This Day In History: Cinco de Mayo
Cinco de Mayo is a celebration of Anniversary of the Battle of Puebla
Cinco de Mayo is a French word for 'Fifth of May'. The day is marked special in Mexico and parts of the United states. It is a holiday for the Anniversary of the Battle of Puebla, to honor a military victory in 1862 over the French forces Napeleon III.
In 1861, Mexico announced a temporery moratorium on foreign debts, a message that was not well received. Troops from English, Spanish, and French invaded the country, all attempting to establish a monachry but later in 1862, English and Spanish gave in. However, the French had a massive support from wealthy landowners and stood still. Their effort to curb US power under Maximilan of Austria in North America did not bear any fruits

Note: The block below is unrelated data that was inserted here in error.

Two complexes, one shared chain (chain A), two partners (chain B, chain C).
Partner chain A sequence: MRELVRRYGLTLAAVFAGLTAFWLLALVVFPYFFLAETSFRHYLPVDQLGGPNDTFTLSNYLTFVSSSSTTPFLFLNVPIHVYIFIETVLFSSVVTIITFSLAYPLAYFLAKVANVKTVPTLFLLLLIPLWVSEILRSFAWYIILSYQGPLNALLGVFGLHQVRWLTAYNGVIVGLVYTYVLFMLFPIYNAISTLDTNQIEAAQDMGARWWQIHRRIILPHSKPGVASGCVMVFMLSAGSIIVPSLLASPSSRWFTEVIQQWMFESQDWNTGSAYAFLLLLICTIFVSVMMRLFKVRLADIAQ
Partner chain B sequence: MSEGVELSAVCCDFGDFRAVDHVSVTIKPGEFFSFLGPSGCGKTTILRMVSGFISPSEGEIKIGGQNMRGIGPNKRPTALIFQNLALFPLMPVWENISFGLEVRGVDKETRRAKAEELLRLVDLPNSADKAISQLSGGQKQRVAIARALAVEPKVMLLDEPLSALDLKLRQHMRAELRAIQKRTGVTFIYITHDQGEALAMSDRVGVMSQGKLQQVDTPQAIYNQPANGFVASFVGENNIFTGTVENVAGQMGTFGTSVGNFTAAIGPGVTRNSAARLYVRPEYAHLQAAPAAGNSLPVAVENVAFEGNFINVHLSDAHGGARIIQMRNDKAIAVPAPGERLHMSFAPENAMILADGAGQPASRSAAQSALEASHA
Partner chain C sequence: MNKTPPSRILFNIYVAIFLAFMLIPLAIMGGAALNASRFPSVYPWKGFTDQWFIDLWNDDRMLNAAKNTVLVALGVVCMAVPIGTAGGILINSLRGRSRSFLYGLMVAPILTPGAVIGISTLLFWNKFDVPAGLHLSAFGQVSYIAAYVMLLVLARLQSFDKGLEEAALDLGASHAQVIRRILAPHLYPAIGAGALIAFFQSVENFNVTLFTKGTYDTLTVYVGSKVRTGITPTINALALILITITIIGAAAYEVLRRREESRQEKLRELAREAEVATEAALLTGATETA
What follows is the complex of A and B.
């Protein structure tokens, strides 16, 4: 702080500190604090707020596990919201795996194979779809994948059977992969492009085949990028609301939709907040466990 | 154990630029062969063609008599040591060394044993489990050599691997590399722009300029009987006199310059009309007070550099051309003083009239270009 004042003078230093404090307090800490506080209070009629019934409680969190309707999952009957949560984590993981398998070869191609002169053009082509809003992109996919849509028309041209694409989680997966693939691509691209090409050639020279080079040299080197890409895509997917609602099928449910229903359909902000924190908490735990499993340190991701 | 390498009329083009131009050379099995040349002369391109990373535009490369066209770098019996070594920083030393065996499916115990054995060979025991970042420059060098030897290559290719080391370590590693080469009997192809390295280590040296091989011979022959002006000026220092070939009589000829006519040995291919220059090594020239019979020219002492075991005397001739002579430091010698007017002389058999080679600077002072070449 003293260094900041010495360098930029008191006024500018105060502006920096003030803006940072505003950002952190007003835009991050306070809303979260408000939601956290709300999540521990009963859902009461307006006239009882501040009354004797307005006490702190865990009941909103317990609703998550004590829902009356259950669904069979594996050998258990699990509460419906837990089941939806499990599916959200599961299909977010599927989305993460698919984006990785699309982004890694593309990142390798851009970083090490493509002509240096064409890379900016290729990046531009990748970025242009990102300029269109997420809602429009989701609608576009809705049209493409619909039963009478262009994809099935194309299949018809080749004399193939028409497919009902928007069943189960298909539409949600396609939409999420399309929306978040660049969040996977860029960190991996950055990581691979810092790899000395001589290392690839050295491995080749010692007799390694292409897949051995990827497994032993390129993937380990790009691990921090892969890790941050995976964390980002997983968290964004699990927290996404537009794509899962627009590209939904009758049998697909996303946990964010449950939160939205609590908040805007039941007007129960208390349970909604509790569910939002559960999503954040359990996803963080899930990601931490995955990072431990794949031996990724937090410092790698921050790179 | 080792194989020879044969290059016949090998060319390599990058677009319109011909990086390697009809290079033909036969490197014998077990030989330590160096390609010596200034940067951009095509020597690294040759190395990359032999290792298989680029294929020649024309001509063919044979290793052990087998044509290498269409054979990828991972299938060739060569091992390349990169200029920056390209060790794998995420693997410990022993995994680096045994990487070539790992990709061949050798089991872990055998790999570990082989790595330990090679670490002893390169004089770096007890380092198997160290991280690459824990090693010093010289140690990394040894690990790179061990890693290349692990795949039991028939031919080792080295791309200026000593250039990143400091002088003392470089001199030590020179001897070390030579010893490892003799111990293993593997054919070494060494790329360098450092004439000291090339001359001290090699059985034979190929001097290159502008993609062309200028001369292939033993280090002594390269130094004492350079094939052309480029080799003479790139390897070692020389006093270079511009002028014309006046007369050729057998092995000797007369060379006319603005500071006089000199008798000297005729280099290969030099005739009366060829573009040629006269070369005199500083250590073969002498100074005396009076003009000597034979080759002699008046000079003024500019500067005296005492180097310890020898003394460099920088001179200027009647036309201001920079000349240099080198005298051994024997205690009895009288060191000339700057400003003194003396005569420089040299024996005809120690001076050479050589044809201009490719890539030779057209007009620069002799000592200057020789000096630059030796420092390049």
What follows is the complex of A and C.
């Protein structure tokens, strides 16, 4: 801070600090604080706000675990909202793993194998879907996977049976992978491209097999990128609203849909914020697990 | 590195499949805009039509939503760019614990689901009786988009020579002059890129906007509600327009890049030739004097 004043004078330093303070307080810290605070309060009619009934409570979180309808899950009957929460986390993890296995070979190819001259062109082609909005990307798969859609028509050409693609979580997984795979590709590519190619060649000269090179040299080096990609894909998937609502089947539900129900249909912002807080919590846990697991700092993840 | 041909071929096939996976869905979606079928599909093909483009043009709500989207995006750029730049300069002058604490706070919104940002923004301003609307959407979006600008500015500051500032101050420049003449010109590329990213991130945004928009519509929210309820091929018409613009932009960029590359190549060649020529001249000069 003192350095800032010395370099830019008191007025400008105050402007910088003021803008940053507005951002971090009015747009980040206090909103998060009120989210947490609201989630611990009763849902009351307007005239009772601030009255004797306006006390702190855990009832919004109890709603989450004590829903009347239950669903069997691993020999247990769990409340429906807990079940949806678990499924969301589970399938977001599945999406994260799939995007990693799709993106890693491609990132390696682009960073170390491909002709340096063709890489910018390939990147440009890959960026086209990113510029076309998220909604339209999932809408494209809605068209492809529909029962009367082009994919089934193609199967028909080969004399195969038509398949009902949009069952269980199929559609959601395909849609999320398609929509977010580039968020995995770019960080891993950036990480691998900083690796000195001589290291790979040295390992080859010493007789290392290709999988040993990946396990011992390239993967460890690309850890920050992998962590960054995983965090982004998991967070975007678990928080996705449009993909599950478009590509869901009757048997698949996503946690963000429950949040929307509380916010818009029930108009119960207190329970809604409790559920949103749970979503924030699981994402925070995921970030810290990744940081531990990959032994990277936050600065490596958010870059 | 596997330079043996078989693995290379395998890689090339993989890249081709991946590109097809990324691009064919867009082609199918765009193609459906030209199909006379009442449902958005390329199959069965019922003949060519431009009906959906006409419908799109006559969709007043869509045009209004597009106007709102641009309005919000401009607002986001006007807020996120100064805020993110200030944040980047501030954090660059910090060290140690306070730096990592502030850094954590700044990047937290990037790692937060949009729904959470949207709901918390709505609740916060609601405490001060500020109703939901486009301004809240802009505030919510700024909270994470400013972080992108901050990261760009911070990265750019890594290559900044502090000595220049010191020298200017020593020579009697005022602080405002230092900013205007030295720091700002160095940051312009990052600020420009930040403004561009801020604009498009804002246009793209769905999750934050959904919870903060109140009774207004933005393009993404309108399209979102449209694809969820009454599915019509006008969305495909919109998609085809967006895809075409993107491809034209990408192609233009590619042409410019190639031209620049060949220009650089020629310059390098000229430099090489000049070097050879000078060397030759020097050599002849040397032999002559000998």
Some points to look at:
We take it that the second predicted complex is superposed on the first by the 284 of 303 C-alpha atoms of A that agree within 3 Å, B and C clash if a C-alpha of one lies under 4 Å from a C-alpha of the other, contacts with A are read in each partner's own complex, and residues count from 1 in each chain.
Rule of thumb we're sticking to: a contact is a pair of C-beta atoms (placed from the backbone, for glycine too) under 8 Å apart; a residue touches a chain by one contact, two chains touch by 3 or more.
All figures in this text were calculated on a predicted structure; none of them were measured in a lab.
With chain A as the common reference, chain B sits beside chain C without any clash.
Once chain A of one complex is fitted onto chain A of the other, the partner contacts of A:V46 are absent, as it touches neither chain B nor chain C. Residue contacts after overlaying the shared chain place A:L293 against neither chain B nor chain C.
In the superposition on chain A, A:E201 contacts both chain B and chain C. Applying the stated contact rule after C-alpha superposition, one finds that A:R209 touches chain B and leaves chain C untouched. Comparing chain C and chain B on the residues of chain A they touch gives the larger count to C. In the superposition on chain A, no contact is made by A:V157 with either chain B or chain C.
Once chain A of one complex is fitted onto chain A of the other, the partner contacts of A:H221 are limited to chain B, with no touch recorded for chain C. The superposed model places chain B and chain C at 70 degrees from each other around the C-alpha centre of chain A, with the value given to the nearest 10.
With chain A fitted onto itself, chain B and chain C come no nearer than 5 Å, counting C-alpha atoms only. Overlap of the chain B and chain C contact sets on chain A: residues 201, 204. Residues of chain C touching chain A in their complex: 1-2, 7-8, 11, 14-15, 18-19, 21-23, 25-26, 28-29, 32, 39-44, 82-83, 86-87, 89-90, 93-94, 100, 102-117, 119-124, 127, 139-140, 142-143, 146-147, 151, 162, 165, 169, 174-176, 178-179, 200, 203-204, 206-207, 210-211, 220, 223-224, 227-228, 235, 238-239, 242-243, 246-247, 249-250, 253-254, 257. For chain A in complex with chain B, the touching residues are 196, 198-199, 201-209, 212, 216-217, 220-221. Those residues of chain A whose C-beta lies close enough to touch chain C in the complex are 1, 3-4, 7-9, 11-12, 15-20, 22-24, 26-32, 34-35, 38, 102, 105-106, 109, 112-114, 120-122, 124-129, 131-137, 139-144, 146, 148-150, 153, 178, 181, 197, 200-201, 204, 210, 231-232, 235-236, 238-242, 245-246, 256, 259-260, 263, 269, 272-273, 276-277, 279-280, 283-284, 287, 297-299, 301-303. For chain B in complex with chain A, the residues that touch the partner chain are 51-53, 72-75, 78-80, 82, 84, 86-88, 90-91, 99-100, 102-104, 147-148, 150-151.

On May 5th, Mestizo and Zapotec forces defeated the french troops at the Battle of Puebla. Since then, the victory became a symbol of Mexican resistance to foreign domination. It was for this reason that the city was renamed to Puebla de Zaragoza. and the battlefield was maintained as a park.
This however, does not mark the Mexican Indipendence day, which is celebrated on September 16.